You know those “Based on a True Story” blurbs on a novel’s cover? I must confess I rather loathe them.
Then again, whenever I get asked how much of myself is there in my novel/play/short story, I want to ask back: does it matter? I never do it, though – and after the first few discomfited times, I’ve learnt to answer that no writer’s an island, and so on. Still, I am curious: does it matter so much? Why? What changes in a reader of viewer’s perception of the story I tell, if they know that a scene or a character or a bit of dialogue is based on some childhood memory – or nothing in particular?
And yet, it must matter – and a whole lot, or Based on a True Story wouldn’t be such a long-lived and widely exploited marketing strategy…
So perhaps I’ve chosen the wrong calling in life, but I can’t help thinking there must be something skewed in seeking reality in fiction – whether on the page or the stage. I mean, what’s happened with the suspension of disbelief? Isn’t the very root of fiction an unspoken agreement about lies told with grace and efficacy?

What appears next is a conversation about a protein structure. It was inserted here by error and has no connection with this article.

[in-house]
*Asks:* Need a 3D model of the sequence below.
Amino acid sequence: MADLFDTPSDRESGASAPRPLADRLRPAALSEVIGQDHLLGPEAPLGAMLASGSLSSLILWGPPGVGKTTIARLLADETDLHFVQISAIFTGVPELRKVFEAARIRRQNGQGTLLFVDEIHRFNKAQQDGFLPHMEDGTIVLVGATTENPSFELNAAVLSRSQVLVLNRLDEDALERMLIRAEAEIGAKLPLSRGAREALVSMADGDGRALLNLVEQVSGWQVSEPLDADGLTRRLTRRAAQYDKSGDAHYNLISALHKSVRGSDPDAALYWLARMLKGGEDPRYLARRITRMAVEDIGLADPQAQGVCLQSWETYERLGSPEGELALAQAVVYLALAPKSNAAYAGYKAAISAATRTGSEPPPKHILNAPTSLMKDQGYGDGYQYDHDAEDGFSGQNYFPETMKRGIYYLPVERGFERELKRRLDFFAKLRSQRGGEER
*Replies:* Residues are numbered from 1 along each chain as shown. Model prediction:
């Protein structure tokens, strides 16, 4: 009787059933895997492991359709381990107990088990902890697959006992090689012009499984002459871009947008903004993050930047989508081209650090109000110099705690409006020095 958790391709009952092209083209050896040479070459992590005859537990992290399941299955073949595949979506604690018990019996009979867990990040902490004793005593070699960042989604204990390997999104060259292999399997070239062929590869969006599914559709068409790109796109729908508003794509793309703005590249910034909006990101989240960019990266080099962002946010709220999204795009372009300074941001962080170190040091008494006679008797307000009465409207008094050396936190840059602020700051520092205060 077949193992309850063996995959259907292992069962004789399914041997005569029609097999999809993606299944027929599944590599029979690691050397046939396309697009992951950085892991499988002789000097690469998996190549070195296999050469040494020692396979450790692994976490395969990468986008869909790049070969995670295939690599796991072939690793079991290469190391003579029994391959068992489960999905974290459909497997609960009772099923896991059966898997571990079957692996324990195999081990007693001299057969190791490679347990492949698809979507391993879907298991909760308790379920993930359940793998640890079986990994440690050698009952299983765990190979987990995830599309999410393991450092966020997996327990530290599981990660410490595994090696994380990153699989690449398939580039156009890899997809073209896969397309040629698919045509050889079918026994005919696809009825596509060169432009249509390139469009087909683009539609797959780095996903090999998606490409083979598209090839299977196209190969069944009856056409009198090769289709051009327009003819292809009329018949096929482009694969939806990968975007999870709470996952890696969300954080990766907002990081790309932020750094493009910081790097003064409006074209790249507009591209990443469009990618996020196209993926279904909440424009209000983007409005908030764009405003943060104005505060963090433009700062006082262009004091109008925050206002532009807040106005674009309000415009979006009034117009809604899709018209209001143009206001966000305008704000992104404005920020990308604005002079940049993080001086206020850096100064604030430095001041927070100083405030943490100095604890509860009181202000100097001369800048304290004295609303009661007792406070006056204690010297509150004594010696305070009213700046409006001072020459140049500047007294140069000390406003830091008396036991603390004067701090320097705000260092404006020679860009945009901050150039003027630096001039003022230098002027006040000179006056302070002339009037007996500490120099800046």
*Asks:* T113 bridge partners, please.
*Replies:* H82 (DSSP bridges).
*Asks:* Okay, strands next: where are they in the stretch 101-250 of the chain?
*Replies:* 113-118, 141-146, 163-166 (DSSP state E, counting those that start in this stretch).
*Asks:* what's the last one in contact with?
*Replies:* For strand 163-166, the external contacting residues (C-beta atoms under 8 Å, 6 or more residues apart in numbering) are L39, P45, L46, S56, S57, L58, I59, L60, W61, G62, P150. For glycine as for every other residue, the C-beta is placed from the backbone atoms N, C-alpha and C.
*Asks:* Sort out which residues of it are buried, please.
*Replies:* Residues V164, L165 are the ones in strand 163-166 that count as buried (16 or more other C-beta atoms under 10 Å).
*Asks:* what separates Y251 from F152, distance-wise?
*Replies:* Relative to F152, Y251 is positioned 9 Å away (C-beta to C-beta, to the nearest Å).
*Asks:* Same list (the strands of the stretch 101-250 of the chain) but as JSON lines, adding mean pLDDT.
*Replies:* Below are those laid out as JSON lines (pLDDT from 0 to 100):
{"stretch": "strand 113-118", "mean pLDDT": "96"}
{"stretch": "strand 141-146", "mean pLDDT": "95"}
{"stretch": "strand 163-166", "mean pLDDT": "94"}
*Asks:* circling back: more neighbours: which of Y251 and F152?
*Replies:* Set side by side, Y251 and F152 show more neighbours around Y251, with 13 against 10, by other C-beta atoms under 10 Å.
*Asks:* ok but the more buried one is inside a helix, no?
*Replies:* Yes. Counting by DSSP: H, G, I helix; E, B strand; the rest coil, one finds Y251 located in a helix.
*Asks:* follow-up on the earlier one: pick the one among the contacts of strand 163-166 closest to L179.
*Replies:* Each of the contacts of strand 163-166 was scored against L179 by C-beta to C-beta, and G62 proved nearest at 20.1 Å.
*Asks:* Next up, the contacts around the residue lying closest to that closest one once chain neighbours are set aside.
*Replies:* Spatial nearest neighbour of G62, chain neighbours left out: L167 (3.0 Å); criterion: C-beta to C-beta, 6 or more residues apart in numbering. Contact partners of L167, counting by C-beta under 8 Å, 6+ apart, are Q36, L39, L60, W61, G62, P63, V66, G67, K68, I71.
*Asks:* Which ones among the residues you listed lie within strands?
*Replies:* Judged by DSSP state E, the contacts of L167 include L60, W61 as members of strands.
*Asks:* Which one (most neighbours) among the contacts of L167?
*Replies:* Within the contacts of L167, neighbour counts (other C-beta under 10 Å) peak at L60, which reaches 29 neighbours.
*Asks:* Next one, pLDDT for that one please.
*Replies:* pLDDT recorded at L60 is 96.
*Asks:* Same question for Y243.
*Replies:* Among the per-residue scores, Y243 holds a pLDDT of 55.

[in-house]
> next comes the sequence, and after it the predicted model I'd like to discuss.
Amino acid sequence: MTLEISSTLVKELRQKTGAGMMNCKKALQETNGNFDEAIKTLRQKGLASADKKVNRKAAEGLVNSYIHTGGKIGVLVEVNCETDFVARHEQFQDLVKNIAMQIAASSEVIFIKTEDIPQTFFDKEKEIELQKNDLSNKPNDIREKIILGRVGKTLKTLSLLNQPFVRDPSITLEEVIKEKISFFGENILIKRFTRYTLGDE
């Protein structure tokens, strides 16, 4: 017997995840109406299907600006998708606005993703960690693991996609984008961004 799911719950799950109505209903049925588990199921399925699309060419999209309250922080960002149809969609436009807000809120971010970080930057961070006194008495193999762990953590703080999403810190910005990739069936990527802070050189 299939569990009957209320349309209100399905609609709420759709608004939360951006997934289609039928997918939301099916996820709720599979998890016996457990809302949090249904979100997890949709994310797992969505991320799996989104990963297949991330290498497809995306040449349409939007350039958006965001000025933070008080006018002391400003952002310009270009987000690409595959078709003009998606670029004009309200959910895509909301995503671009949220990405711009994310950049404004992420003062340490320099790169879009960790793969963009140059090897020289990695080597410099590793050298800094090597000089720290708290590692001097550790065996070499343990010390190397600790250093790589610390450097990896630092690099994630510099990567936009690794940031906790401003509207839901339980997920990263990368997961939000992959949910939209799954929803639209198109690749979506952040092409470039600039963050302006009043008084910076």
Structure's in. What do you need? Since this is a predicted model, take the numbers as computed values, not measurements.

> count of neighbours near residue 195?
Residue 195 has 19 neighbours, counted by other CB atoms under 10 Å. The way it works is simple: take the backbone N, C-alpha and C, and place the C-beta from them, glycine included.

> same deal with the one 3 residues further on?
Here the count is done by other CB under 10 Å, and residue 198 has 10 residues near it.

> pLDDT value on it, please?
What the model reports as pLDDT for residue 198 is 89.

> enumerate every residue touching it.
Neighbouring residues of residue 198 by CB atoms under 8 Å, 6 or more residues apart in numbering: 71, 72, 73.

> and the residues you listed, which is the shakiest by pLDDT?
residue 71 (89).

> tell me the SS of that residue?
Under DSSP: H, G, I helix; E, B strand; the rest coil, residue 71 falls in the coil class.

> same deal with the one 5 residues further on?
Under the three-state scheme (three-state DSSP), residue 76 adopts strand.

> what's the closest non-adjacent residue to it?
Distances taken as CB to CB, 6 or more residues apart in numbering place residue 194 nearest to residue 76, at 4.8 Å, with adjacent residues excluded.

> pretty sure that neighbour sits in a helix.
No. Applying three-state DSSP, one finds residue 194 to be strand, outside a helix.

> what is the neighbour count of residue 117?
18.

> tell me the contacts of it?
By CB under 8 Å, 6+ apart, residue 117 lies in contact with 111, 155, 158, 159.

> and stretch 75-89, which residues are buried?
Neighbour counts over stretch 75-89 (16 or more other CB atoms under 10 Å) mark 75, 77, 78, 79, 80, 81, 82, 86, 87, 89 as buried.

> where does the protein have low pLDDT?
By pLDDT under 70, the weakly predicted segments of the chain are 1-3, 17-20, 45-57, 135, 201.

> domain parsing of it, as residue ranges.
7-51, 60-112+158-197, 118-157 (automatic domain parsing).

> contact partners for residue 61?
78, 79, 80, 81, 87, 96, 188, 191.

But no – they want to know what is real in it. And if you say “Not much,” in Italy at least they’re likely to regard you with suspicion. Of course it must be real, if you wrote it. Of course you must be telling your own story after all. Of course you must be opening your heart and pouring the contents on the page. Because, if you don’t, then you are a liar and a cheat.
Real – mind you. Not true. That truth and reality are not the same doesn’t seem to occur to this kind of reader. Think of Emilio Salgari, the Nineteenth Century Italian writer of sea adventures. All his life, he signed himself as Captain Salgari, of Italy’s merchant navy… Actually, he was nothing of the sort, though he very much wished to be, and once even fought a duel against a disbelieving journalist. But, whatever Salgari’s own reasons for boasting a fake naval rank, his publishers kept backing the notion – because, when told by a sea-captain, his exotic tales of tall ships and derring-do, seemed more… real. In fact, they were scrupulously researched when it came to geography, and the product of the author’s imagination for everything else. This made them as true as can be – but real? Not so much. And in the end, this was one of several things that drove poor Salgari to suicide.
Does the fact that he was not really a sea-captain change anything in his books? Not at all. They could never – even the collections of contemporary sea-tales – carry one of those blurbs that read Based on a True Story… But then what the blurbs actually mean is Based on a Real Story. And they imply that the fiction based on “reality” is in some way better. Isn’t it a strange criterion to select, like or judge a piece of fiction?.